I have lived in the same small town my whole life. I married my high school sweetheart, and we are raising two kids on a cul-de-sac just a few blocks from where we both grew up. I can’t go anywhere without running into someone I know.
When I see one of these many acquaintances, such as my son’s Pre-K teacher or the mother of my childhood best friend, shopping at the grocery store or getting a color at the hair salon, our interaction seems to always be the same.
“How are you?” one of us will ask.
“Fine, how about you?” offers the other.
“Fine, thank you,” answers the first.
It’s a socially negotiated series of phrases uttered thousands of times in towns all across this country.
Until one day, in my small town in Southeast Texas, no one answered “fine.”
Saying anyone was fine that day would have been a lie so blatant that even the most genteel Southerner couldn’t utter it. Hurricane Harvey had just invaded our quiet town turning our curb and gutter streets into raging rivers and our homes into floating debris. Boats used for bass fishing became rescue vessels for families stranded on their roofs. The local mall where kids begged for cookies and preteens gathered to meet their friends became a staging area for the military to treat the wounded. Churches where members came in their Sunday best became shelters for men, women, and children soaked by sewage-laden floodwaters.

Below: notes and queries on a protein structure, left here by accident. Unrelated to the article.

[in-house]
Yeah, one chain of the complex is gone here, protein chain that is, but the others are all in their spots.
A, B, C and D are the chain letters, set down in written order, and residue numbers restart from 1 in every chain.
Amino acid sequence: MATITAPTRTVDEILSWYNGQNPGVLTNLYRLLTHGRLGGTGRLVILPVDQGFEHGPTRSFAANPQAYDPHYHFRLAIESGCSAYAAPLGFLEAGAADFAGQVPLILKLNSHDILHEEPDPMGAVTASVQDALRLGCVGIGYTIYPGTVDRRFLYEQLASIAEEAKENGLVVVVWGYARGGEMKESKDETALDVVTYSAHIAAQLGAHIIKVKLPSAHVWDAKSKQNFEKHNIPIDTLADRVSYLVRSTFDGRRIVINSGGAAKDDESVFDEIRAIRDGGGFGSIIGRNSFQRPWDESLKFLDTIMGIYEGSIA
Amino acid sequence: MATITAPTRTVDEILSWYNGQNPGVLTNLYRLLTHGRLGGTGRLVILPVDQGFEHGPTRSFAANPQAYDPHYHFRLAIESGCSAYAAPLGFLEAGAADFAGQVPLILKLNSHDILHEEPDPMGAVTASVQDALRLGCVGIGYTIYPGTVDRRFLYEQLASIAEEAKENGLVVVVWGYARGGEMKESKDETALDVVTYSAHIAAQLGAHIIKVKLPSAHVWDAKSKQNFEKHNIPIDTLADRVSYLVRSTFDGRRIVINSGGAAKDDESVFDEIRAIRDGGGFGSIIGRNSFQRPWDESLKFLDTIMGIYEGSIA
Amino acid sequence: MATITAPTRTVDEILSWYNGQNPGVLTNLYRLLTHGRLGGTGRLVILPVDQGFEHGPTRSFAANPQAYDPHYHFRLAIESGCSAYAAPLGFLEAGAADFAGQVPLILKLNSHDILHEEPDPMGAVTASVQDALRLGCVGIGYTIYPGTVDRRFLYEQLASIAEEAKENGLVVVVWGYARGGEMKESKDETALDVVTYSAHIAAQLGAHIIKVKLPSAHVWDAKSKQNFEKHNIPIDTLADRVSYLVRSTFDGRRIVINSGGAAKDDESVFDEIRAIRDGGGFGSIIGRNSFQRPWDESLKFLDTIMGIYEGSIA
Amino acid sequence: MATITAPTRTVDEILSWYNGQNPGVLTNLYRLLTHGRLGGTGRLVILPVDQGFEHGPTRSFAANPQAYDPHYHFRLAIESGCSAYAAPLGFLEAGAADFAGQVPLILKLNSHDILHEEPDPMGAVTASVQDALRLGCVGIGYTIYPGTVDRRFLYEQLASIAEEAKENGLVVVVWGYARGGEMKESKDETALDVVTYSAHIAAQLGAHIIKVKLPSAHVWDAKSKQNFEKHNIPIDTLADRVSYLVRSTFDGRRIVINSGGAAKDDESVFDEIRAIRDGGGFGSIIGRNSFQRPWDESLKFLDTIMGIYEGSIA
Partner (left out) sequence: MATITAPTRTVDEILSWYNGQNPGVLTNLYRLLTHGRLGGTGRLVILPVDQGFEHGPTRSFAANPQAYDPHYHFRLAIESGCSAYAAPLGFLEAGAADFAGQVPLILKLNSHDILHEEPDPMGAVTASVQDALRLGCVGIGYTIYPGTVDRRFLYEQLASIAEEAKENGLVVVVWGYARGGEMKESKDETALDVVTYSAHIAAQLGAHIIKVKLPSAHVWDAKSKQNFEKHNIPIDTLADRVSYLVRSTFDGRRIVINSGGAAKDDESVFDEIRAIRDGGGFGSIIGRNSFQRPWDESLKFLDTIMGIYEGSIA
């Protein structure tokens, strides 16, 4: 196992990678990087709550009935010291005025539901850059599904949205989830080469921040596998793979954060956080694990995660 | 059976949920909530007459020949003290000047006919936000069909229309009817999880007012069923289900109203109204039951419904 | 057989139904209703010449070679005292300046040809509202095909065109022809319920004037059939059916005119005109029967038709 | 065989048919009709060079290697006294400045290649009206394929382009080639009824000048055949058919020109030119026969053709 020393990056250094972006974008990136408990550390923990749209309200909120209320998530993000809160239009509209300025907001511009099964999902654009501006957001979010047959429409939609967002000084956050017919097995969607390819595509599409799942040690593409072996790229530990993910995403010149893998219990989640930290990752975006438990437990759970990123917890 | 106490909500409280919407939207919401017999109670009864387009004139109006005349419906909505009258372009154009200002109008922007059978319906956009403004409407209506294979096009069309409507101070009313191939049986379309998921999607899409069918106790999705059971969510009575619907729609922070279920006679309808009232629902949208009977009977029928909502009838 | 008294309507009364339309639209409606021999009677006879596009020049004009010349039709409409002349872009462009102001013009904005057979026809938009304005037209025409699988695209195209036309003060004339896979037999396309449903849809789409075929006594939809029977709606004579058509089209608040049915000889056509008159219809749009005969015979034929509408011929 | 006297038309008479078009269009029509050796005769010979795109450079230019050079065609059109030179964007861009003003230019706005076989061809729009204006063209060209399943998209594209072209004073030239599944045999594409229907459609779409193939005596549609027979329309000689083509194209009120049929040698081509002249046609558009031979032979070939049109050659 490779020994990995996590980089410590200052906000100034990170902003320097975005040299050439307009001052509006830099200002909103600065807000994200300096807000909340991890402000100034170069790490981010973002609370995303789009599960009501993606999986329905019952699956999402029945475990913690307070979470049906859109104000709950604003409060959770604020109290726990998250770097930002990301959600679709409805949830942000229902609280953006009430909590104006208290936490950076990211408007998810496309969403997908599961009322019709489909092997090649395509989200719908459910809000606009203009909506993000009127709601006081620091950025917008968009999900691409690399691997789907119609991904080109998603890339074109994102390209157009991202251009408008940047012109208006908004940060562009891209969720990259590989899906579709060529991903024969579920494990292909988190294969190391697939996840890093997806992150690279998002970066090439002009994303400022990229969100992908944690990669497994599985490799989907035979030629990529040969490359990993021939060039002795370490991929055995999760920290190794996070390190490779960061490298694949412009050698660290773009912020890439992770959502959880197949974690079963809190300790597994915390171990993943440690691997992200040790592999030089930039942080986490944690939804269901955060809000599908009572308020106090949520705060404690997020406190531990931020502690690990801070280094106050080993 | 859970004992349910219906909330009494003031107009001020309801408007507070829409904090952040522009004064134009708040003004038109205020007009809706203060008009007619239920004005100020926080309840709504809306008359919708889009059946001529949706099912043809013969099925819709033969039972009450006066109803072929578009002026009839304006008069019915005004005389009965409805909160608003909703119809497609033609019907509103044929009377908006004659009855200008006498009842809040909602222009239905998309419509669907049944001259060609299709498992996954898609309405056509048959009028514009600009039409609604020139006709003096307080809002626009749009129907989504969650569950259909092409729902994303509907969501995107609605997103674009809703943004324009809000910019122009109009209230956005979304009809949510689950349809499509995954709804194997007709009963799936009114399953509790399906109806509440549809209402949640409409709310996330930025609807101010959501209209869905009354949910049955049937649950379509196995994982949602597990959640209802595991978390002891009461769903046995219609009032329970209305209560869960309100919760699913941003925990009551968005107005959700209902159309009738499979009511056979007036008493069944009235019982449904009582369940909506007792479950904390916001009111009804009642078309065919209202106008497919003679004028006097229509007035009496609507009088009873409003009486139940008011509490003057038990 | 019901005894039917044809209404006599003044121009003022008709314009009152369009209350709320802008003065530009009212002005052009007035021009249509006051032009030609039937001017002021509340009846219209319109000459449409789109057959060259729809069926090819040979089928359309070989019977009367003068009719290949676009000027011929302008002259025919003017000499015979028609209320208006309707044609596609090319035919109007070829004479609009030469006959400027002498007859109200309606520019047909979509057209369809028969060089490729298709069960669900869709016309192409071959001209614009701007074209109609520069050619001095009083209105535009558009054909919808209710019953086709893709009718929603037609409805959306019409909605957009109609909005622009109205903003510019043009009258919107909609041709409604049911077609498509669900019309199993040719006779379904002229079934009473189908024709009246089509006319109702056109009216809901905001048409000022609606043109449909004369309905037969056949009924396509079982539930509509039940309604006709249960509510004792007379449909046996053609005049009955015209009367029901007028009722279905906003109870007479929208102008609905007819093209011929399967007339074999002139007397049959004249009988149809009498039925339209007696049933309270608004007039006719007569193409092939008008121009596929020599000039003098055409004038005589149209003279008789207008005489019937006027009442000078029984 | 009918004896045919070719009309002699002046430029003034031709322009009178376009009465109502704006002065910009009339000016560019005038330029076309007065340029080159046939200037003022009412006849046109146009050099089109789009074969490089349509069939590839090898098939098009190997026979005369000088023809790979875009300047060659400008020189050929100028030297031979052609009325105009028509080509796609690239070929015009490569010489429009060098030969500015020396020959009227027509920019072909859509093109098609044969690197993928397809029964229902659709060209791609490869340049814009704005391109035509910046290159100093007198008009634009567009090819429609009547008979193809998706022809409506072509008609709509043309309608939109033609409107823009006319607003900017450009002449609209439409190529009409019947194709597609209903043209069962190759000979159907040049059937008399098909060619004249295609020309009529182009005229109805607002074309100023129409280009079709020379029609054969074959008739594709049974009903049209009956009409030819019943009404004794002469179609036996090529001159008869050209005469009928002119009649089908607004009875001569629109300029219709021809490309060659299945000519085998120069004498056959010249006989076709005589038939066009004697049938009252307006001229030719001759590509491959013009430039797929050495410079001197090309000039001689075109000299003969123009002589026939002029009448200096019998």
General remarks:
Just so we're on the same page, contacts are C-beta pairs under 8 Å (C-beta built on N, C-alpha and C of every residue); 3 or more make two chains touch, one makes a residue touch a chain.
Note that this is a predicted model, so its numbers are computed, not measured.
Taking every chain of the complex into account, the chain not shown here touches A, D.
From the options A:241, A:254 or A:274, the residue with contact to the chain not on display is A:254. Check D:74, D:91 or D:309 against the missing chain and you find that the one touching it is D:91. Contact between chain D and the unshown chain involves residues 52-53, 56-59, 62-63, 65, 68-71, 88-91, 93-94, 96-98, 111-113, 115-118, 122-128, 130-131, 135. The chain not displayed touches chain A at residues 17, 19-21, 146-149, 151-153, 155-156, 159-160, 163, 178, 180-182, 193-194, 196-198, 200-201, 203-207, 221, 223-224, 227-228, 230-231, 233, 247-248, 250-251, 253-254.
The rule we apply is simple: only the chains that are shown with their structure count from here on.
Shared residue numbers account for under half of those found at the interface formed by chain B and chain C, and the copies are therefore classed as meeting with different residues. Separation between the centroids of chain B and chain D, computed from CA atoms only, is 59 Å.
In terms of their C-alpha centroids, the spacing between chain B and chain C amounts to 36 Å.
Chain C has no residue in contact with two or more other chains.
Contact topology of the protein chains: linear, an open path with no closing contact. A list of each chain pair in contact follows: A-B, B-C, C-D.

That day and in the days following, when someone asked you how you were, it was okay to tell them the truth.
It was okay to say you needed help pulling out soggy carpet or knocking down wet sheetrock in the place you called home. It was okay to cry in front of your neighbors as you watched treasured keepsakes piled like garbage in front of your house. It was okay to admit you were worried or sad or hungry.
There were no grocery stores open. If you needed a cup of milk, your neighbor was your only option. The older woman who lives next door brought me an egg. I thanked her and when I asked her how she was, she cried a little. She missed her husband of 46 years who had died the month before.
My husband and I watched my neighbor across the street attempt to start his car. It was obvious by the muffled sound from the engine that the compact SUV had become a victim of the storm. We offered him our vehicle. He had no choice but to borrow it. When he brought it back, we asked if his family wanted to stay for dinner. My house wasn’t clean. There were no scented candles craftily lit to welcome our guests. We ate on paper plates, and I had nothing to offer them for dessert. But when we asked how they were, his wife answered honestly. She was worried about her grandmother who had been evacuated in the middle of the night from a local nursing home and no one was quite sure where she had been brought.
As terrible as the disaster was, it brought out something new in our town – honesty.
As grocery stores are restocked and homes are rebuilt, I pray we will never again be too afraid to ask for help or too ashamed to shed a tear. I pray that when someone asks how we are, it will always be okay to tell the truth; because the day that no one answered “fine” was the day we became more than a small town, we became a community.